Are you planning to file your tax return electronically? Be sure to have last year’s tax return (or tax info) handy if you’re filing for the first time or if your software requires validation of electronic signatures. But if you don’t, there’s no need to panic: you can get much of the needed information by using tools from the Internal Revenue Service (IRS).
The easiest way to get your prior-year tax records is to use the “Get Transcript Online” tool or its related option, “Get Transcript by Mail.” Why go online to get the info? The run-up to (and the few days after) Presidents Day is the busiest time of the year for the IRS. It can take over an hour to get through to the IRS by calling if you get through at all. The online tools are faster and more convenient.
Of course, it’s always a good idea to keep copies of previously-filed tax returns: you should typically hold onto your tax returns and supporting documentation until the statute of limitations runs for filing your tax returns or filing for your tax refund. For most taxpayers, that is three years (for more on how long to keep records and statute of limitations, click here). Many taxpayers think it’s only necessary to keep those documents in case of an audit, but information from the prior year’s return is required to validate some electronic signatures for taxpayers who are e-filing. While returning users may have their information transferred automatically on the same software, taxpayers who have switched tax software programs may be required to enter information, like last year’s income, manually.
If you’re not familiar with how electronic signature and signature validation work, here’s what you need to know:
- Your electronic signature is how you acknowledge that the information on the tax return is true and accurate.
- When you sign your tax return electronically, you are asked to create a four-digit Personal Identification Number (PIN), also known as a Self-Select PIN. To validate the PIN, you have to enter your birthdate and either their adjusted gross income (AGI) from the previous year or last year’s PIN.
- If you have a copy of last year’s tax return, this is easy. On the 2017 tax return, you can find your AGI on line 37 on your form 1040 (line 21 on your form 1040-A or line 4 on your form 1040-EZ).
- If you don’t have a copy of last year’s tax return handy, you can get the needed information from the IRS by using the Get Transcript Online tool or Get Transcript by Mail (you can also call 1.800.908.9946). If you choose the mail option, be prepared to wait up to five to 10 days for delivery.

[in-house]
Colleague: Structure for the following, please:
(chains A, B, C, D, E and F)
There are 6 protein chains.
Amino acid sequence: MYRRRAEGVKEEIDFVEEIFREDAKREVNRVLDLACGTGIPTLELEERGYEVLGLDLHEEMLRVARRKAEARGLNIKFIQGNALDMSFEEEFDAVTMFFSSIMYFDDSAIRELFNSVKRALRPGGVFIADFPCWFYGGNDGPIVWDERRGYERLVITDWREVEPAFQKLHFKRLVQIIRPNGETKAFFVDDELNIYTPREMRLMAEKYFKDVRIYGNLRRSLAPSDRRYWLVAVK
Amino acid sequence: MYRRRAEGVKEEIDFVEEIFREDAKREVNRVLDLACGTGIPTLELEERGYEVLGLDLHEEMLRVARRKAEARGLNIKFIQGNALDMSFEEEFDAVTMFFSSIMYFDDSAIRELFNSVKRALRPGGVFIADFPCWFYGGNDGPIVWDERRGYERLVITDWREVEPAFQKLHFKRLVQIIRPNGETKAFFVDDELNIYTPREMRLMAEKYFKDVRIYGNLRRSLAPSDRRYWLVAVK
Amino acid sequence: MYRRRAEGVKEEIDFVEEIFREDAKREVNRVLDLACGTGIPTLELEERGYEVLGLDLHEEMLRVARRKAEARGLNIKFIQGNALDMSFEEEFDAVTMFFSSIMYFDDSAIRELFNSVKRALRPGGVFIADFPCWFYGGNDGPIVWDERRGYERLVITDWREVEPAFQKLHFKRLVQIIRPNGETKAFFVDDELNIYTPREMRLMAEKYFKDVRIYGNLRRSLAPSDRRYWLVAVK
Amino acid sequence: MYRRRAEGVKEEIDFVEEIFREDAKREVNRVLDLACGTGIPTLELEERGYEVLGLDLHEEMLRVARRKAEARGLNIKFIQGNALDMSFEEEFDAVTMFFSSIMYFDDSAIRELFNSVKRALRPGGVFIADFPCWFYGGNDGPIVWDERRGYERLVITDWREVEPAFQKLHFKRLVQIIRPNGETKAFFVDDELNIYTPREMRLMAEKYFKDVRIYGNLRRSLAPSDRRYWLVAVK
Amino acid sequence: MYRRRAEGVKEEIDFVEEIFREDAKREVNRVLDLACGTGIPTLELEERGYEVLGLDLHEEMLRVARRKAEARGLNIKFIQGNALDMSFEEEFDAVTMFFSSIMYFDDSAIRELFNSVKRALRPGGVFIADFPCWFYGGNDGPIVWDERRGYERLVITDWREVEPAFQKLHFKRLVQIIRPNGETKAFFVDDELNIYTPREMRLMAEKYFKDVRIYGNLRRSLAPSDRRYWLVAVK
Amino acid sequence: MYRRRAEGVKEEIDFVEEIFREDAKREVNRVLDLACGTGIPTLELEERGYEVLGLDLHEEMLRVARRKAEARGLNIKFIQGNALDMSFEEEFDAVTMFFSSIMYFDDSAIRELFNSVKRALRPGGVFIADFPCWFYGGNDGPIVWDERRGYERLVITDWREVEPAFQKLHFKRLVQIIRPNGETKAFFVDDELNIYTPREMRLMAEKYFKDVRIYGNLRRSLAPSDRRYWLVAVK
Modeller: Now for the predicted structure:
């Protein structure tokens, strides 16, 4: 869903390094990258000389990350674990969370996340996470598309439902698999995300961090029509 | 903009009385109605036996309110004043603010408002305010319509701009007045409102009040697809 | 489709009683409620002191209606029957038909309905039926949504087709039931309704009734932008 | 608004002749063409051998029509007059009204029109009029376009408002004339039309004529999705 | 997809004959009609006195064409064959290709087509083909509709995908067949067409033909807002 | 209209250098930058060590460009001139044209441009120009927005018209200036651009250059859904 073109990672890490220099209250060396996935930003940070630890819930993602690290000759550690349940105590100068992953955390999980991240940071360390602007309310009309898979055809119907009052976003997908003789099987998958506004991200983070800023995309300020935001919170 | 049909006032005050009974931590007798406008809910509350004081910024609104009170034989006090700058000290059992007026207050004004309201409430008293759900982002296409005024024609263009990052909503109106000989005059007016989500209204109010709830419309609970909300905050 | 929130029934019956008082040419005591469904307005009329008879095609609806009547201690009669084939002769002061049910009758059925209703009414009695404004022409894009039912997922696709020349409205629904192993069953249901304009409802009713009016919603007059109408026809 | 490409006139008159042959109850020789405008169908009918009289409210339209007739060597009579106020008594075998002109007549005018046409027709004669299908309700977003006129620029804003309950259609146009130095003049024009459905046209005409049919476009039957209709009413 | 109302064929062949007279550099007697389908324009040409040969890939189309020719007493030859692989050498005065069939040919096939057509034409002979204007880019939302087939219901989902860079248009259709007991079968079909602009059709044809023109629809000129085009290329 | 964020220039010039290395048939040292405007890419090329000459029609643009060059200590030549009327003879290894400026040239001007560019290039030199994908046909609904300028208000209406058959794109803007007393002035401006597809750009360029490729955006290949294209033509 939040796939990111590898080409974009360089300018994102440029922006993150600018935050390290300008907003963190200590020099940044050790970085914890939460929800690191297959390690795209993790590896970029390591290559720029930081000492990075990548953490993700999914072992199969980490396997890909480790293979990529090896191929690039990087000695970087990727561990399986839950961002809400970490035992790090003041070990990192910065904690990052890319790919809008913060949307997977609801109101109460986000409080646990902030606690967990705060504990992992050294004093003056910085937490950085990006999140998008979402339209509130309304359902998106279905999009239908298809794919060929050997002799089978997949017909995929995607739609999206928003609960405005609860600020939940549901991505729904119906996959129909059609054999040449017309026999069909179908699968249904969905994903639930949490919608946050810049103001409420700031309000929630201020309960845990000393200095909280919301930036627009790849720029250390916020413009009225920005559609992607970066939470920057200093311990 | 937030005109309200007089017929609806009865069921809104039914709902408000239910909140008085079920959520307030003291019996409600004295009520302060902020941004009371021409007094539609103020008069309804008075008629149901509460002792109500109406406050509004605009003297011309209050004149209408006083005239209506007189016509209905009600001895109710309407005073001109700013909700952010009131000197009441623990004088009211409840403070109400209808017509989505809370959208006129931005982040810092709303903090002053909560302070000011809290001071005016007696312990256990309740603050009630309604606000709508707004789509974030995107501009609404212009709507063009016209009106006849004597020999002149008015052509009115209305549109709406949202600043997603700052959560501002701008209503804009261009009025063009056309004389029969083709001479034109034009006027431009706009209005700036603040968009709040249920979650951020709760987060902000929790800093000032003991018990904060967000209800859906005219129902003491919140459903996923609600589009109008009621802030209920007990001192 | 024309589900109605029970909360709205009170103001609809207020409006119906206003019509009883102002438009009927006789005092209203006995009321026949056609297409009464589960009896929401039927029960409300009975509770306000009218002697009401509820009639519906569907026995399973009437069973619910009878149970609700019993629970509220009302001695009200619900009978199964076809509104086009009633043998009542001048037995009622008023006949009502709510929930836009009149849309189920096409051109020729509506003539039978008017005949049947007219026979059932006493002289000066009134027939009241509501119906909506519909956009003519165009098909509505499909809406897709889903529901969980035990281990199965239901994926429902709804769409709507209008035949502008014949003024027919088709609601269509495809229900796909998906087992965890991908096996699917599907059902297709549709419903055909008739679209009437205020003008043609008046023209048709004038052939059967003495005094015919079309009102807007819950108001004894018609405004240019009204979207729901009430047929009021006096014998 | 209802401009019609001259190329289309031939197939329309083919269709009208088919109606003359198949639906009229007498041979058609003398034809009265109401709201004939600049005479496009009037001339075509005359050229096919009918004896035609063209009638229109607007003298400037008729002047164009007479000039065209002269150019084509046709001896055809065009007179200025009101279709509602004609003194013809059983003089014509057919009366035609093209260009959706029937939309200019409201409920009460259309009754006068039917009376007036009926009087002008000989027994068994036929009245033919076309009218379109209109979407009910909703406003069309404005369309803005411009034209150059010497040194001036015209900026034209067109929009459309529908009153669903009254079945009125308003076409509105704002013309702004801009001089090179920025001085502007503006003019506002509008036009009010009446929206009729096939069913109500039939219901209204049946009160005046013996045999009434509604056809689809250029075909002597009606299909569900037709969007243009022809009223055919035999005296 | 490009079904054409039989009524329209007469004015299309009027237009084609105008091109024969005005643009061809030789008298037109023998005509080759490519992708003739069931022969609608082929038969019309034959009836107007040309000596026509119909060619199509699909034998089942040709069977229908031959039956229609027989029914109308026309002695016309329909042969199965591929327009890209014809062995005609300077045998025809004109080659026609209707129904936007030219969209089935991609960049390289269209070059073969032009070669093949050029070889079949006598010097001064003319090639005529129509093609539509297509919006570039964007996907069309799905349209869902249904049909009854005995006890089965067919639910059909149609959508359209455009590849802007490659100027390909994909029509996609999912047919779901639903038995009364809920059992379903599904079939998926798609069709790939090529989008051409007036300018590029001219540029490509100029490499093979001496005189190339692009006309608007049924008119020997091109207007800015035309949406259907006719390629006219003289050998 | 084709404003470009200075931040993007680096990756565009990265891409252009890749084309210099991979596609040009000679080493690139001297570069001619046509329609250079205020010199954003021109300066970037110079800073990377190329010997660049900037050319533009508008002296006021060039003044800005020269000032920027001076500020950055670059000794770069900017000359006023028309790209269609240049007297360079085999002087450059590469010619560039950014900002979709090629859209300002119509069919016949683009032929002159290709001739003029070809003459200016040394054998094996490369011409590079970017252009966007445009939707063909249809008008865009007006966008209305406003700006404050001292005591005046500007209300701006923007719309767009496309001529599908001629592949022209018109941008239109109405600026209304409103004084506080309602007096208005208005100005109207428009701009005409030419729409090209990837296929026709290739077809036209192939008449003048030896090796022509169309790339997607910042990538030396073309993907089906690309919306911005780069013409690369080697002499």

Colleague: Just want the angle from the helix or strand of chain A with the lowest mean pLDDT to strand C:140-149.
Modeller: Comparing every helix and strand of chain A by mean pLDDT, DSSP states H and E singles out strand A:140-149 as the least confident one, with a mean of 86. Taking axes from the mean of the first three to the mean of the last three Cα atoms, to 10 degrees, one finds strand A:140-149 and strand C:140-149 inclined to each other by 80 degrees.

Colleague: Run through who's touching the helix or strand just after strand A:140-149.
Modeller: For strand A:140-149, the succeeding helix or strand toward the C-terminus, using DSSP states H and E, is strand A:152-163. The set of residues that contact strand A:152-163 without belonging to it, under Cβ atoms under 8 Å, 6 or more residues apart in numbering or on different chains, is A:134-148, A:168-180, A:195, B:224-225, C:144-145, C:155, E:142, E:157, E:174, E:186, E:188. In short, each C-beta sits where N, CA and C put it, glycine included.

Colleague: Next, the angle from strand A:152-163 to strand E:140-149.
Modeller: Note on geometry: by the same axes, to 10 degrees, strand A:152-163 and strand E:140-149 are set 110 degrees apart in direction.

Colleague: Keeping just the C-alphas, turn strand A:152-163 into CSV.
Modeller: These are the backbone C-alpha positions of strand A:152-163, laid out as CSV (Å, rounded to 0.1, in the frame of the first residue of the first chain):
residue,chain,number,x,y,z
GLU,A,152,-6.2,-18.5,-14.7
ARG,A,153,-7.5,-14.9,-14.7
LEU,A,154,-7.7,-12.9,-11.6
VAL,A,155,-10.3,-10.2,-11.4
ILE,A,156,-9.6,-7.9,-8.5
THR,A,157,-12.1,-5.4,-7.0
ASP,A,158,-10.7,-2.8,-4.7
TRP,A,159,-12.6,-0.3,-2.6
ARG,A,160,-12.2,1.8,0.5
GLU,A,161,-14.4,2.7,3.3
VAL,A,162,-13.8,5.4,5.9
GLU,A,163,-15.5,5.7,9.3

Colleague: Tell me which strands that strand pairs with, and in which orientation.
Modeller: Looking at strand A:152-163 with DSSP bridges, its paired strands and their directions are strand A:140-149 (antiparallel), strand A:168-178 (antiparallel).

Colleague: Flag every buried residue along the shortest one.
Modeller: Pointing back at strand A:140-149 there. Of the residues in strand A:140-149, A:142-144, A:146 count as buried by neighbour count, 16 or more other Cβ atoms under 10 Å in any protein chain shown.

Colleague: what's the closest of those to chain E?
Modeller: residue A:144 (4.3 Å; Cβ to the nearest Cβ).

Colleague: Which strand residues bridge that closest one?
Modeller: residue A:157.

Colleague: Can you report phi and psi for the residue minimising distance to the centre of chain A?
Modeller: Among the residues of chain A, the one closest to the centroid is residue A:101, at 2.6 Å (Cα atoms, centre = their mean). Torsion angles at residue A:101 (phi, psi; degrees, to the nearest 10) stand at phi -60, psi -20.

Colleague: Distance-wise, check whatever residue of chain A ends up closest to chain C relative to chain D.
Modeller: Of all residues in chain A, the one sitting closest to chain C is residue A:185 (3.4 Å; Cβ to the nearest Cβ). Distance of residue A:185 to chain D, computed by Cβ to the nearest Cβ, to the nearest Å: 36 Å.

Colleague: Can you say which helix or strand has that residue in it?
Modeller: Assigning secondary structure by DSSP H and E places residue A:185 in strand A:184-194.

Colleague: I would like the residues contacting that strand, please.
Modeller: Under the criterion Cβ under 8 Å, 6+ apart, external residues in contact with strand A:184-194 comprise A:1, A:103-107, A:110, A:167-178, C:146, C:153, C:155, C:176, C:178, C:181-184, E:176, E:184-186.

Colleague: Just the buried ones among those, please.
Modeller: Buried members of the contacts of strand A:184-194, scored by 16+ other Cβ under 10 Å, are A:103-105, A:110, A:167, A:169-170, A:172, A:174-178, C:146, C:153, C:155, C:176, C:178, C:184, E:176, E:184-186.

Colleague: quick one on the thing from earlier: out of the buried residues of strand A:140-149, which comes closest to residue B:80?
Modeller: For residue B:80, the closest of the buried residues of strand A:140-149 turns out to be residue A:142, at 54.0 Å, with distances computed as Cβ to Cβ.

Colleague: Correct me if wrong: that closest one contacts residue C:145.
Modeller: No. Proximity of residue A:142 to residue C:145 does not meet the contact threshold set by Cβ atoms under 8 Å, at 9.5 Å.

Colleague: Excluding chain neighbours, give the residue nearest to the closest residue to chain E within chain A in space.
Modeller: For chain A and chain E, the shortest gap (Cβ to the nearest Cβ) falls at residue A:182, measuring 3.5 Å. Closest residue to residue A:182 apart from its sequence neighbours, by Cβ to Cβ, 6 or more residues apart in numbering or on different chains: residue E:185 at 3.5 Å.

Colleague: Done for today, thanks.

The Get Transcript Online tool is easy to use. When you navigate to the transcript page on the IRS website, you’ll be prompted to enter your username if you’ve already created an account, or if you’re new, you can create an account:
Once you’ve entered your credentials, you’ll need to verify that you are who you say you are by entering the security code sent to your cell phone. If you don’t have access to text messaging, you can get the code with a call.
After that, you’ll be asked to enter the reason for your transcript request; this helps the IRS direct you towards the best transcript option for you since there many different kinds.
From there, it’s just a few more clicks to download your information.
If you have an Identity Protection (IP) PIN – which is different from a PIN – you should also enter it when prompted by the software. An IP PIN is a unique six-digit sequence that helps the IRS verify a taxpayer’s identity. When you have an IP PIN, it prevents someone else from filing a tax return with your Social Security Number (SSN) since returns that don’t include the correct IP PIN may be booted back. If a tax return is e-filed with your SSN and an incorrect or missing IP PIN, the IRS e-file system will reject the return until you submit the return with the correct IP PIN or you file a return on paper. If a tax return is filed on paper with your SSN but an incorrect or missing IP PIN, the IRS will delay processing the return, including any refund due, while they determine the validity of the return.
These security measures are intended to help keep your personal and tax information safe this tax season. Remember that the IRS will not send your transcript information via email or send you to a website that is not the official IRS website (www.irs.gov).